YouTube’s “copy the hot new video site” strategy is coming to an end with a shutdown. This time, “YouTube Stories,” a clone of Snapchat that the company launched in 2017 under the name “Reels” and later changed its name to “YouTube Stories” in 2018, is being discontinued. A YouTube support article subtleties the closure and says that June 26 will be the last day to transfer a story.
YouTube Stories generally had an unusual impression that made it not entirely obvious. It was only available for mobile devices, and when you visited a channel page, a “stories” tab would open, and occasionally, they would appear in your mobile subscription feed. Very much like Snapchat, the recordings auto-erased following seven days. Due to the fact that it stopped the long tail of historical video views, they were an odd choice for creators who typically want to broadcast to a large audience. The auto-delete feature makes it common for channels to have no visible stories at any given time, regardless of the actual use of YouTube Stories.
YouTube, the largest video site in the world, does not have much room for organic growth and instead focuses on cloning any new video sites that could reduce its view time. In 2015, there was YouTube Gaming, a Jerk clone that brought gaming livestreams and another game-driven landing page to YouTube. Although the gaming homepage and the YouTube Gaming app were taken offline in 2019, many YouTube features, such as low-latency livestreams and chat features, are still available.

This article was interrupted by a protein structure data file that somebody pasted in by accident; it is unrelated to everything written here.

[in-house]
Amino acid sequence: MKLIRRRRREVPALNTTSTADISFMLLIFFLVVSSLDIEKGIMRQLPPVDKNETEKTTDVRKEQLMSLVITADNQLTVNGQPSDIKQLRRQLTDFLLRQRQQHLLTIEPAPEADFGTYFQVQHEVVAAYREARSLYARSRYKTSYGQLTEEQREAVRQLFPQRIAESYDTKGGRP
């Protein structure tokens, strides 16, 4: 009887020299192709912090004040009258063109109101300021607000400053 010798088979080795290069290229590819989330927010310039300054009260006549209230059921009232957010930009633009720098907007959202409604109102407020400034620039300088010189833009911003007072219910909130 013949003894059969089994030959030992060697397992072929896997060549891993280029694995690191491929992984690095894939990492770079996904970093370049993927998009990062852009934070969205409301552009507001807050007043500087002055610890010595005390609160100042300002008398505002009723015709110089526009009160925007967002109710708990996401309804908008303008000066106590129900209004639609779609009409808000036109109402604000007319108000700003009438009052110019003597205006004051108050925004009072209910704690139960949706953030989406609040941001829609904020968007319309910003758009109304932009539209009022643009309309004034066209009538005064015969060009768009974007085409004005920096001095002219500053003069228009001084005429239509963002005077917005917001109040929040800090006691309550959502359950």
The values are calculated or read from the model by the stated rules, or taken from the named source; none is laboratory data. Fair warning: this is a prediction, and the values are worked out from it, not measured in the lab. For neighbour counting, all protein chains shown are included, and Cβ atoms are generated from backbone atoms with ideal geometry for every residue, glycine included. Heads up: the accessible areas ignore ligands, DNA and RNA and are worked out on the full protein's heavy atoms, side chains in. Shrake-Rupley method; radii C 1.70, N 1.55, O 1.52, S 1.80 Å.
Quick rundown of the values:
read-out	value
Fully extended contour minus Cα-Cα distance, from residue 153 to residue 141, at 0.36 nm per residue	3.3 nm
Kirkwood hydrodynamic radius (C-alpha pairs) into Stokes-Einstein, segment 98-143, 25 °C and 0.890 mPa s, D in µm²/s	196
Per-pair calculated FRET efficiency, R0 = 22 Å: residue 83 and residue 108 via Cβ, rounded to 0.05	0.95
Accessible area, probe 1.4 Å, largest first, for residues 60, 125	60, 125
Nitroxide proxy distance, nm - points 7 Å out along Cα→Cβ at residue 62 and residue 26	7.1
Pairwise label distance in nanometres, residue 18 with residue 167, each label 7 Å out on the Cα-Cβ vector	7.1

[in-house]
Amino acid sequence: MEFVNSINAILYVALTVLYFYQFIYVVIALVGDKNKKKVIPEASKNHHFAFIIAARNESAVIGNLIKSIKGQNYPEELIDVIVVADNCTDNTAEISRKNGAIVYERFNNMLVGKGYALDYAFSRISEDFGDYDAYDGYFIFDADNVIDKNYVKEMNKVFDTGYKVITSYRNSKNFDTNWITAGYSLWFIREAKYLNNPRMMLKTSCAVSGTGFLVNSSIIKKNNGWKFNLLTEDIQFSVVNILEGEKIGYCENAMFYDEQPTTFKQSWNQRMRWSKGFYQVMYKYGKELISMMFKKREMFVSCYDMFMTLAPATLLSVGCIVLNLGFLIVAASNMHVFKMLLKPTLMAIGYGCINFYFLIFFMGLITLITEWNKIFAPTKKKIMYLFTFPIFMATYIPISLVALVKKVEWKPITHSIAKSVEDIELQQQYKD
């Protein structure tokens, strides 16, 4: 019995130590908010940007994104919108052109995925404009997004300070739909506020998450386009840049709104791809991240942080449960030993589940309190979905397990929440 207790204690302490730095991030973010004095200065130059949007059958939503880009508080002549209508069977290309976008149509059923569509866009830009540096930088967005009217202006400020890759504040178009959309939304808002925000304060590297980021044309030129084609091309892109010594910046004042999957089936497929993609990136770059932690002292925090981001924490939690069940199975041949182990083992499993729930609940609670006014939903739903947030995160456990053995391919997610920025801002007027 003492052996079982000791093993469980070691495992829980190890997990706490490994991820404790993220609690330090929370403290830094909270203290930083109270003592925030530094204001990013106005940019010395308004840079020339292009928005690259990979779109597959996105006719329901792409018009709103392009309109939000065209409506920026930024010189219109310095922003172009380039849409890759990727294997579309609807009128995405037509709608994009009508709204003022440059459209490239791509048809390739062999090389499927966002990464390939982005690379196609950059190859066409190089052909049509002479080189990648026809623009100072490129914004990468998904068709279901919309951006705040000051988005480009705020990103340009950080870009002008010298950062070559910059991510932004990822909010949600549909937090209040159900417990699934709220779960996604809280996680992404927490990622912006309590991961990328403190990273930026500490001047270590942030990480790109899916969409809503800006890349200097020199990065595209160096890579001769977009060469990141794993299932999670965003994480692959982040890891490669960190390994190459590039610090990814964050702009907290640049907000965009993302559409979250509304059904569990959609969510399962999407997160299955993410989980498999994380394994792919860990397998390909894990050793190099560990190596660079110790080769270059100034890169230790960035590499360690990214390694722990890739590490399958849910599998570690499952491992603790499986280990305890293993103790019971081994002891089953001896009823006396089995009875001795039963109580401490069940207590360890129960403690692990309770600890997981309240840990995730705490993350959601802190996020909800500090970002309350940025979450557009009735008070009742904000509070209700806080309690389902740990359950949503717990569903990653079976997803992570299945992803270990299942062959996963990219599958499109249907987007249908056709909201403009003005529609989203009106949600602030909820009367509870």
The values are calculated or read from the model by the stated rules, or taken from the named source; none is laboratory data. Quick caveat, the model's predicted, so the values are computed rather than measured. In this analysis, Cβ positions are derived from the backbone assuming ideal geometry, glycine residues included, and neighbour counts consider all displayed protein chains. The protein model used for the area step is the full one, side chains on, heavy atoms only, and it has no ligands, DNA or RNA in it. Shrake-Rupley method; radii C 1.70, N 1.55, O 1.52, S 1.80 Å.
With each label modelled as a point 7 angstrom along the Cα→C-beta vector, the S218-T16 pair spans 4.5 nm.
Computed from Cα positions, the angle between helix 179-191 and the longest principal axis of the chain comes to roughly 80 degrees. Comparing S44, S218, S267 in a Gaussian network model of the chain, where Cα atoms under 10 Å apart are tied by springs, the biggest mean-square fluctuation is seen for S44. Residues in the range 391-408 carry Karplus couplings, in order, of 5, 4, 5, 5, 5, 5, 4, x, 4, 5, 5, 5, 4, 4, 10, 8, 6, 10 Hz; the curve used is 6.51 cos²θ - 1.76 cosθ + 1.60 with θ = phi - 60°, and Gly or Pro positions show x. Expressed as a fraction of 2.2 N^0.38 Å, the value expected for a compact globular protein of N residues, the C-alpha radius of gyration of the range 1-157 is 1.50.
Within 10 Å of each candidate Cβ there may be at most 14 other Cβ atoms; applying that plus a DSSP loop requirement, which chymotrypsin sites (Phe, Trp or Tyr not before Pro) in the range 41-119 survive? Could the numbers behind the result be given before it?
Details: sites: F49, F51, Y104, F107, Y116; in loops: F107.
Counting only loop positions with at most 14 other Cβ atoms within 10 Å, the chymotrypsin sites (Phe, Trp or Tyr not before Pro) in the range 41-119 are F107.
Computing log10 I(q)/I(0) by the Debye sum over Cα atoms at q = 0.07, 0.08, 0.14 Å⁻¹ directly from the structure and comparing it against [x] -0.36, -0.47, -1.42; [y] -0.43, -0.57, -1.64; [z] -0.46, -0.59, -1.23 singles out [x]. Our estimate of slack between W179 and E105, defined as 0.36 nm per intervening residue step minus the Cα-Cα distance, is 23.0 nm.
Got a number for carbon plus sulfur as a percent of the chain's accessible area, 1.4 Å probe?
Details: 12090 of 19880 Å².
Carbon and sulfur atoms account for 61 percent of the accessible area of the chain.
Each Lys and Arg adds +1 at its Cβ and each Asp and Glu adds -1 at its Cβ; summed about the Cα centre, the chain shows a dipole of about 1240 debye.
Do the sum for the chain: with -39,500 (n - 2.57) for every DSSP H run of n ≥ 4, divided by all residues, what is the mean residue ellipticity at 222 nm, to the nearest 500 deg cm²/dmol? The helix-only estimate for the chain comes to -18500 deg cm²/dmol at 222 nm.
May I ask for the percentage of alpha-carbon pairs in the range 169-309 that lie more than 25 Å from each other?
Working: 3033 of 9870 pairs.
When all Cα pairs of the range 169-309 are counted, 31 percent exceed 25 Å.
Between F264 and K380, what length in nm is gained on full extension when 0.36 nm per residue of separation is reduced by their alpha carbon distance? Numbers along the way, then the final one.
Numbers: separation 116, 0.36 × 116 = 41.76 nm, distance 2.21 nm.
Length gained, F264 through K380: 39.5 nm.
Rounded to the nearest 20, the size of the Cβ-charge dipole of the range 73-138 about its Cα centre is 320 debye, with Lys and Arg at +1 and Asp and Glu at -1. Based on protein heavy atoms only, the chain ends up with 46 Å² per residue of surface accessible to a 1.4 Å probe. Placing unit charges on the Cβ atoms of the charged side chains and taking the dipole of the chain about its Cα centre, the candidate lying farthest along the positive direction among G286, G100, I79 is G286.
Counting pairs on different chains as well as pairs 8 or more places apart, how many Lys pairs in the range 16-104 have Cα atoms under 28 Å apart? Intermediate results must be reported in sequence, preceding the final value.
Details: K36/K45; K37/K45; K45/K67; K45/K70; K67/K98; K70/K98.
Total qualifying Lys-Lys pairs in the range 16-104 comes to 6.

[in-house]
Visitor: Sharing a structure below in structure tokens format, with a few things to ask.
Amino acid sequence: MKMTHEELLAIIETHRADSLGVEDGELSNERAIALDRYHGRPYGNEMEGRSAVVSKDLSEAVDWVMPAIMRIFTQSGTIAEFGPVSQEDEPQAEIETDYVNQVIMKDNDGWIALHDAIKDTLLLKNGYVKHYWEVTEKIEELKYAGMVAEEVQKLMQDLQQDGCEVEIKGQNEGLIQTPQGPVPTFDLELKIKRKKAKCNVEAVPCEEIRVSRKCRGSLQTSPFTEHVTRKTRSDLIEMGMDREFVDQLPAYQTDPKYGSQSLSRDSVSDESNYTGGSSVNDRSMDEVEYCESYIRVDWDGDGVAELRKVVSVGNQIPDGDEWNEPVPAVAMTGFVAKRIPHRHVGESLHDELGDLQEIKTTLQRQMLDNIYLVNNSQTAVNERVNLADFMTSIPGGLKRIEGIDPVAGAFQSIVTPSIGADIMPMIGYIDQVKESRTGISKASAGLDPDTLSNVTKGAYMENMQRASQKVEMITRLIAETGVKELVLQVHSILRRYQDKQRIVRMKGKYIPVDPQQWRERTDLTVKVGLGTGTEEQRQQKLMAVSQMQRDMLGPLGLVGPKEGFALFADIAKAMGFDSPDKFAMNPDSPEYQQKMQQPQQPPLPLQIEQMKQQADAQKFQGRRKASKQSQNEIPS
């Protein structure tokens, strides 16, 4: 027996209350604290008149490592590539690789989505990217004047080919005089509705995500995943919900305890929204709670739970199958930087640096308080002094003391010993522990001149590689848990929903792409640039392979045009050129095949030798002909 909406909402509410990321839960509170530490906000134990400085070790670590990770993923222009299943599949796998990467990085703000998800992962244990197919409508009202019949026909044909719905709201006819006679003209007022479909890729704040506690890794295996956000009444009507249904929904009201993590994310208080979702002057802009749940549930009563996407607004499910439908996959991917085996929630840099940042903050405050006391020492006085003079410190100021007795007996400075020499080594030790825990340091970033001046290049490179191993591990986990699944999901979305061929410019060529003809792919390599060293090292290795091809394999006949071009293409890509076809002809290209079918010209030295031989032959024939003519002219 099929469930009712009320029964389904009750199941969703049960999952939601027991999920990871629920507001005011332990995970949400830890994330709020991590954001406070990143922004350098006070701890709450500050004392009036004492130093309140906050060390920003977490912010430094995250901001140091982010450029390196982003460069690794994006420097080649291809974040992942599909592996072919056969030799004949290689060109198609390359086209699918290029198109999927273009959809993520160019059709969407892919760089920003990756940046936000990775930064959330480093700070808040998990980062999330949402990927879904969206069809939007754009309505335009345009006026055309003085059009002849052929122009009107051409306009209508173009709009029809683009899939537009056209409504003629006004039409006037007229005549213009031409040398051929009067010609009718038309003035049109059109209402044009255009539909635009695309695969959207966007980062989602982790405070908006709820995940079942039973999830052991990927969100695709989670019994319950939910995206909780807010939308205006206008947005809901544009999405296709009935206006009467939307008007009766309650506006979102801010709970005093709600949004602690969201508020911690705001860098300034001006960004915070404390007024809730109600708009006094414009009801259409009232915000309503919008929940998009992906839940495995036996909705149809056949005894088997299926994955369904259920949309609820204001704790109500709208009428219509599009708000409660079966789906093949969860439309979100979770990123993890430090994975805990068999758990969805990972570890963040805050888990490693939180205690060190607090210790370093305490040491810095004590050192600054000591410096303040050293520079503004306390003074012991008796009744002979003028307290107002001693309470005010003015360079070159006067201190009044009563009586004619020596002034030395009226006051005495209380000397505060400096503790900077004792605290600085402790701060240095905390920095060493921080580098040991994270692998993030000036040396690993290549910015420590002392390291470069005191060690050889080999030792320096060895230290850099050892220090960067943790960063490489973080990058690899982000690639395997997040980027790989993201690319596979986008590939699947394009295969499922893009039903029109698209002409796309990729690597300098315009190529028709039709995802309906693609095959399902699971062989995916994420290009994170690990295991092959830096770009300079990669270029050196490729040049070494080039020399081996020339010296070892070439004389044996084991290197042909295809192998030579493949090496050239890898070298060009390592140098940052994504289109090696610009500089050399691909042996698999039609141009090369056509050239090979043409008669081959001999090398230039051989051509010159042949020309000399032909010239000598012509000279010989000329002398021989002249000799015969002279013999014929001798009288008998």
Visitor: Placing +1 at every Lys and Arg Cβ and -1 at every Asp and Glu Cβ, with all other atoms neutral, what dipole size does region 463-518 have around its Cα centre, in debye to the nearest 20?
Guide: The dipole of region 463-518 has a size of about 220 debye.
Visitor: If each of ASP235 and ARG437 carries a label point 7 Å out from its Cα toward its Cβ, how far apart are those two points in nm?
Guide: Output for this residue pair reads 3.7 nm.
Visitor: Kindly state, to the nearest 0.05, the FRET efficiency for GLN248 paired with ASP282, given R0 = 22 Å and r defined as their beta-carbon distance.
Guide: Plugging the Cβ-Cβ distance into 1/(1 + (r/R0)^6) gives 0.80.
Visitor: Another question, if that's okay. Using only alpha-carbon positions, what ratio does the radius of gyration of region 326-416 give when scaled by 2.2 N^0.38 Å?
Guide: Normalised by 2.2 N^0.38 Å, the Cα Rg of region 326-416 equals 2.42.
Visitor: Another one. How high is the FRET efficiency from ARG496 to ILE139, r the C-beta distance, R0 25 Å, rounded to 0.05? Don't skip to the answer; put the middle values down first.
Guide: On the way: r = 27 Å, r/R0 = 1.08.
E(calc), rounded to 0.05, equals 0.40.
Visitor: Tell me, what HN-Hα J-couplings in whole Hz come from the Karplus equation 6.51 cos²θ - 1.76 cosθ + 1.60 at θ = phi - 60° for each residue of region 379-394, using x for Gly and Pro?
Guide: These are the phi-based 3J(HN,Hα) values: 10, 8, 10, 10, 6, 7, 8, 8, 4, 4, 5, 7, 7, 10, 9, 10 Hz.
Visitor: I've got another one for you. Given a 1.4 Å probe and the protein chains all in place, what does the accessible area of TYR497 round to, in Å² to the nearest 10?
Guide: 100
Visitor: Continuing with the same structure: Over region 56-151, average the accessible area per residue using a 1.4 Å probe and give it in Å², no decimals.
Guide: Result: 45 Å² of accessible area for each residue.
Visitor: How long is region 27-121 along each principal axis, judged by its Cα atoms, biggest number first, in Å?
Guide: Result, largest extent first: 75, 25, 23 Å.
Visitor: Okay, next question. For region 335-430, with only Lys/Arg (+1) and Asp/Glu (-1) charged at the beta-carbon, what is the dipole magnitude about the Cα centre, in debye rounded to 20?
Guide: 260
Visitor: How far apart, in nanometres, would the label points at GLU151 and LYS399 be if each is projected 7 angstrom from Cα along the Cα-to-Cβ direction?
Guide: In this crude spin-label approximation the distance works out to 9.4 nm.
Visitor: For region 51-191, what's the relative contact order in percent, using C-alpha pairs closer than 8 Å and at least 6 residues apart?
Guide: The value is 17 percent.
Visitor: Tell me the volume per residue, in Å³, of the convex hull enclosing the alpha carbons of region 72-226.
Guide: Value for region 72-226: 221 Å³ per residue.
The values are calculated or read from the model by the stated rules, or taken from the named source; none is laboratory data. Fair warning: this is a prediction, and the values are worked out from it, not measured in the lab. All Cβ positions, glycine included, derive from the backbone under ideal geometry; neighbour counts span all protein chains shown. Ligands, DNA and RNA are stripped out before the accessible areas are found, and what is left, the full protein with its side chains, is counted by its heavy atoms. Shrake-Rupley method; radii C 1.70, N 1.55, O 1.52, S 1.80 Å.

YouTube took aim at Netflix with YouTube Originals, which saw the company produce big-budget content starring well-known YouTubers or scripted shows in the style of Hollywood. These more expensive videos were only available to subscribers of the ad-free YouTube Premium subscription, which cost $12 per month and was later renamed YouTube Red. YouTube Firsts endured from 2016-2022.
YouTube Shorts, a clone of TikTok, is Google’s latest obsession. Swiping through this format of bite-sized videos geared toward mobile devices is addictive. This one is as yet kicking, and in the event that administration TikTok boycotts at any point get more well known, Google looks prepared to step in right away. Shorts are similar to Stories in that they can include a variety of text and filters but do not automatically expire.
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